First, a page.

Mitsui Sumitomo Insurance decided to go along the bespoke systems route for its London market operations.
Finding effective software for the insurance market is often tricky - do you opt for a bespoke system and run the risk of overspending on correcting unexpected glitches, or do you go for a tried and tested package that might not be perfect for your needs?
There are obvious advantages for and against both routes. An off-the-shelf package may be cheaper to start up and comes with the guarantees synonymous with software that is already in commercial use, though it is unlikely to offer an edge over your competitors. The bespoke option provides the client with a system that is created especially for individual IT and market needs.
In addition to this, the support package offered by a bespoke developer may be subject to higher standards, and handled correctly a tailor-made software solution ultimately can be a more cost-effective option.
When London market risk solutions experts Mitsui Sumitomo Insurance (MSI) needed a Risk Engineering Management System, it decided to opt for a bespoke model to be created by Management Systems Modelling (MSM) for its Risk Engineering Department. MSM offers a bespoke software design service for the insurance sector. MSI analyses specific risks in client's portfolios - suggesting engineering solutions to reduce these risks - and needed an administration system to support the process.
A bespoke system allowed Risk Engineering Manager, Richard Thomas, to work efficiently without administrative support and to impose consistency and rigor on the risk assessment process. Richard awarded the contract to MSM, which had previously produced programmes for the company. This meant that a programme could be created allowing the risk engineering team and the underwriters to share data whilst maintaining data ownership rules.
In addition to this, Richard has been able to sell components of MSM's solution to his clients, therefore recovering the costs of development and raising revenue for his division.
The system has two key components: a client/server Windows application for use in head office and a data capture utility for use on clients' sites to gather survey data. In due course a web interface for remote access to the client/server system will be produced, so it was decided that it would be most appropriate to use Delphi and SQL Server architecture for the client/server system using COM objects to contain the business logic for easy porting to the web. The COM objects effectively have an XML wrapper for integration to the Delphi GUI and a future ASP/HTML front end.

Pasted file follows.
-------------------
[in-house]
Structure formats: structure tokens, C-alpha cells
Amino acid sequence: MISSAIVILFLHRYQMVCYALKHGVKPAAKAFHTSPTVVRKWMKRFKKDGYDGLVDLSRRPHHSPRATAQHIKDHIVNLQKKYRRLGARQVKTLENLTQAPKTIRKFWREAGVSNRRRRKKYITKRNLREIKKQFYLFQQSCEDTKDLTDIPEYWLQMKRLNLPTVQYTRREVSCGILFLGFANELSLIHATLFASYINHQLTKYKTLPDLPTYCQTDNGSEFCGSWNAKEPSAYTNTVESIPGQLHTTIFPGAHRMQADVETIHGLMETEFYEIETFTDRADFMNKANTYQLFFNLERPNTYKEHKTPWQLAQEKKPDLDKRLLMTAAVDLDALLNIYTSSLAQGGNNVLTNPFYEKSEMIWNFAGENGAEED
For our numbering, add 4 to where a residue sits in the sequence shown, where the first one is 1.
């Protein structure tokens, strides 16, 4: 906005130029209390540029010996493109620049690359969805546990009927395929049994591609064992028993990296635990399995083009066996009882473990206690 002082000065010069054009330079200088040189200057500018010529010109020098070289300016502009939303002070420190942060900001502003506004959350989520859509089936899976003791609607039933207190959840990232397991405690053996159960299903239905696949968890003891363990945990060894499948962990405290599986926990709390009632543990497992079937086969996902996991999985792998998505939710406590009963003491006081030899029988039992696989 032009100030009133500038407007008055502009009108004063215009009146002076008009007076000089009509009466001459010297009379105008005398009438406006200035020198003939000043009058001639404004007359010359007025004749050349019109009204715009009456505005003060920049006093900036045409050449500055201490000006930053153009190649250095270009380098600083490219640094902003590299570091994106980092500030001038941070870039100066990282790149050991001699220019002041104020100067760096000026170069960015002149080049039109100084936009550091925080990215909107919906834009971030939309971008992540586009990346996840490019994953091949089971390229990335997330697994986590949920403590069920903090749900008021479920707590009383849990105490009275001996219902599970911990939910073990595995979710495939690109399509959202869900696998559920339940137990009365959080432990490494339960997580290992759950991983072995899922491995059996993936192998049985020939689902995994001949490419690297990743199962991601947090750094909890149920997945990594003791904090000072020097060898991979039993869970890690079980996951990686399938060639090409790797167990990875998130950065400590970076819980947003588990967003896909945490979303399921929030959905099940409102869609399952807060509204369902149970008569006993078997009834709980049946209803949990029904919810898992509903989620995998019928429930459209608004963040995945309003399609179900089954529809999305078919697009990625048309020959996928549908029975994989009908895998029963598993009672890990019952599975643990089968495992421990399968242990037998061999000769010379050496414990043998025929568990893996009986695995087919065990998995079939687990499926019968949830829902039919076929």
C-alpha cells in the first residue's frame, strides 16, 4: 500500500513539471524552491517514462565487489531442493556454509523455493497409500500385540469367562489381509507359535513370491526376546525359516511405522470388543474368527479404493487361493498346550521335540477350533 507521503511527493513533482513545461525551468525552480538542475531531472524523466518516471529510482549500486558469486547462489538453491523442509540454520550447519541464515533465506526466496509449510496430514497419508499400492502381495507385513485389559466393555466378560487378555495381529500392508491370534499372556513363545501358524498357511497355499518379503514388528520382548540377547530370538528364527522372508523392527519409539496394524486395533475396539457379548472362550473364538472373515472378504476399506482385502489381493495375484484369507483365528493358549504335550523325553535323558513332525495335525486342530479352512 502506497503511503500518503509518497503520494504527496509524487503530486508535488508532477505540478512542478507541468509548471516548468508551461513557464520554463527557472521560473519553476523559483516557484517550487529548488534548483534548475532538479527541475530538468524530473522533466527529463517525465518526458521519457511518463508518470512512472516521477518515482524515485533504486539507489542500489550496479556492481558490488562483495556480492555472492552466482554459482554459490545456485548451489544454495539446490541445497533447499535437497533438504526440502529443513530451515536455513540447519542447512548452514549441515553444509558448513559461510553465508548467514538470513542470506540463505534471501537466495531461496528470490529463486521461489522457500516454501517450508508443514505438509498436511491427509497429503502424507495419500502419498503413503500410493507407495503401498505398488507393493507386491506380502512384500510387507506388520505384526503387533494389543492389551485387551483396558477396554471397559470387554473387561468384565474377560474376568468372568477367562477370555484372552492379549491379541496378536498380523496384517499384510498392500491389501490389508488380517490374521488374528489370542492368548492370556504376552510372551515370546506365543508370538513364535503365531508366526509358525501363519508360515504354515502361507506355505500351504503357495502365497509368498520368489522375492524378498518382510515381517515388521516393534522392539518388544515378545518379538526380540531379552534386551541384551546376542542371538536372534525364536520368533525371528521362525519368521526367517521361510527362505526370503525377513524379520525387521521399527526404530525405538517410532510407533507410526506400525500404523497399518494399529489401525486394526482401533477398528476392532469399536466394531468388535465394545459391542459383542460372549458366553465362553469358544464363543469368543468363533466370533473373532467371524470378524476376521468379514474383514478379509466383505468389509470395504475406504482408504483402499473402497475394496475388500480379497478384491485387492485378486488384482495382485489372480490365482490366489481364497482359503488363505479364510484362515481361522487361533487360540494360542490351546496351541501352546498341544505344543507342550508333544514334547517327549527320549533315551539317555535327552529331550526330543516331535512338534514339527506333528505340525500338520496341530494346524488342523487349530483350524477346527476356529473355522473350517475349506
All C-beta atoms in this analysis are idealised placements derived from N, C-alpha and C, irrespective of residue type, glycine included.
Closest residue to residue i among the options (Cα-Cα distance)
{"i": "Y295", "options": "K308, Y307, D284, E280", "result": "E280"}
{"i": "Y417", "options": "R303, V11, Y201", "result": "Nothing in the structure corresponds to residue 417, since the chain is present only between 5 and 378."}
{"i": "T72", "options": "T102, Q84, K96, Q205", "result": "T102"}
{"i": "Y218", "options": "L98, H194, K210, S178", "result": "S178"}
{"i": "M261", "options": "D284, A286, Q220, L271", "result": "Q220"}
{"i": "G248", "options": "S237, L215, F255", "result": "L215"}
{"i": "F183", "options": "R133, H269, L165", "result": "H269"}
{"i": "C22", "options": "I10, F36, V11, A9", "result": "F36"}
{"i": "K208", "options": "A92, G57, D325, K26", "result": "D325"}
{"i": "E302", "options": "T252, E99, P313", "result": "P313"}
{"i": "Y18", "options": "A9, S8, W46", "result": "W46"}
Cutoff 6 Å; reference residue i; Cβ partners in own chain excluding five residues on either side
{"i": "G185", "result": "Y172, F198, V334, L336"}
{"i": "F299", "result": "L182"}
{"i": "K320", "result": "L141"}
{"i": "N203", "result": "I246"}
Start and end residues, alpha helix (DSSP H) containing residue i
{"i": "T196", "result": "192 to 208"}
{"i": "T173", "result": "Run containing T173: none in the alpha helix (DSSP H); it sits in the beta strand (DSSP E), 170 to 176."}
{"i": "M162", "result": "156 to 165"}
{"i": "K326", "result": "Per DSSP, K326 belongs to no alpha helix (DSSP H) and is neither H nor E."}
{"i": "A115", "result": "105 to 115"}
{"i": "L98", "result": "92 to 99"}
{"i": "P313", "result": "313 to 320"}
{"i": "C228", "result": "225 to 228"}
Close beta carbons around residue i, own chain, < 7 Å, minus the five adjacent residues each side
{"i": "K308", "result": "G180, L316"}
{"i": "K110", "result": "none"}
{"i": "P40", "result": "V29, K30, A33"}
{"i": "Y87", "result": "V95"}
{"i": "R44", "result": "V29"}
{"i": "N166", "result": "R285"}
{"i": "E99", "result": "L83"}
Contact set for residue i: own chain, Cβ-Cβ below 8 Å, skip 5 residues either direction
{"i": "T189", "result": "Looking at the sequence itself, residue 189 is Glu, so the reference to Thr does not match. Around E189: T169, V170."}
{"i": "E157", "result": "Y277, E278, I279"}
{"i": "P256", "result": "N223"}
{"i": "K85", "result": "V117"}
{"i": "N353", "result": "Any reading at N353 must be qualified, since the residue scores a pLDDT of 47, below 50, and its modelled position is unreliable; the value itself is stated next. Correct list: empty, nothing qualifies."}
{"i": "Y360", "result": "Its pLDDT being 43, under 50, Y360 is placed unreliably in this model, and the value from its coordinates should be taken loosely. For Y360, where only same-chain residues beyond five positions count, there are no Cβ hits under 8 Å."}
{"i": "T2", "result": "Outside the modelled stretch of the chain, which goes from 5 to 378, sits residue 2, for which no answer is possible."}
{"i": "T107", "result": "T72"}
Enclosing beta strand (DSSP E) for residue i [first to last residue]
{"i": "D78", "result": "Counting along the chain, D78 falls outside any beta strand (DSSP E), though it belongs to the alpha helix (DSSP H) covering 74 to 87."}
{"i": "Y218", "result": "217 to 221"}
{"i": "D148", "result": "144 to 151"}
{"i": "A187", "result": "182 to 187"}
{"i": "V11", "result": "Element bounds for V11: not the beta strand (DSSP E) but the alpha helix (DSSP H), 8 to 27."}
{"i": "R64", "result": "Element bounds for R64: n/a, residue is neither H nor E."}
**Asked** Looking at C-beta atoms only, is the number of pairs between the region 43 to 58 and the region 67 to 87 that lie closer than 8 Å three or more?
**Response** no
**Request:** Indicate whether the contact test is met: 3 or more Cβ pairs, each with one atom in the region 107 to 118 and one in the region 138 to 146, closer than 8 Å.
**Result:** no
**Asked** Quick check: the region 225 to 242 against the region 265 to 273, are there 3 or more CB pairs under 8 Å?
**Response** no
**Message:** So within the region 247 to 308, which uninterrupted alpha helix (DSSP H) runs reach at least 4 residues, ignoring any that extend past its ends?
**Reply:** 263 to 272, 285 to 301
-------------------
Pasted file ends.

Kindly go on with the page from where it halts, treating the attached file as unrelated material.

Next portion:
The data capture utility allows Richard to brief consultant engineers to visit individual insured sites by auto-emailing them a Java applet written by MSM, for use on a laptop or handheld device such as a Compaq iPAQ. XML is then used to email the data to the head office client/server system where it is imported automatically. The system has also improved the quality of management information and presentations to clients.
Most importantly, analysis and benchmarking of EMLs (estimated maximum losses) have been made clearer, more accurate and are available faster. The combination of faster reports from consultants on site and a smaller administrative burden has reduced costs. Before the new system was put in place, a set of recommendations would take between two or three days to prepare; now they can be produced in one day. This gives MSI competitive advantage on cost and on service quality for its clients.
Richard sees the completed system as much more successful than previous bespoke software projects he's been involved in. "Like many people, I used to have a mixed opinion of bespoke software, but this system has confirmed to me the benefits of tailor-made programming. We have been able to specify what we need from the software and can now offer a better service at reduced cost to our clients. I don't believe an off-the-shelf package would have been as successful for our needs. Furthermore, the system has improved our account management by speeding up our data retrieval and response times giving us that all important competitive edge."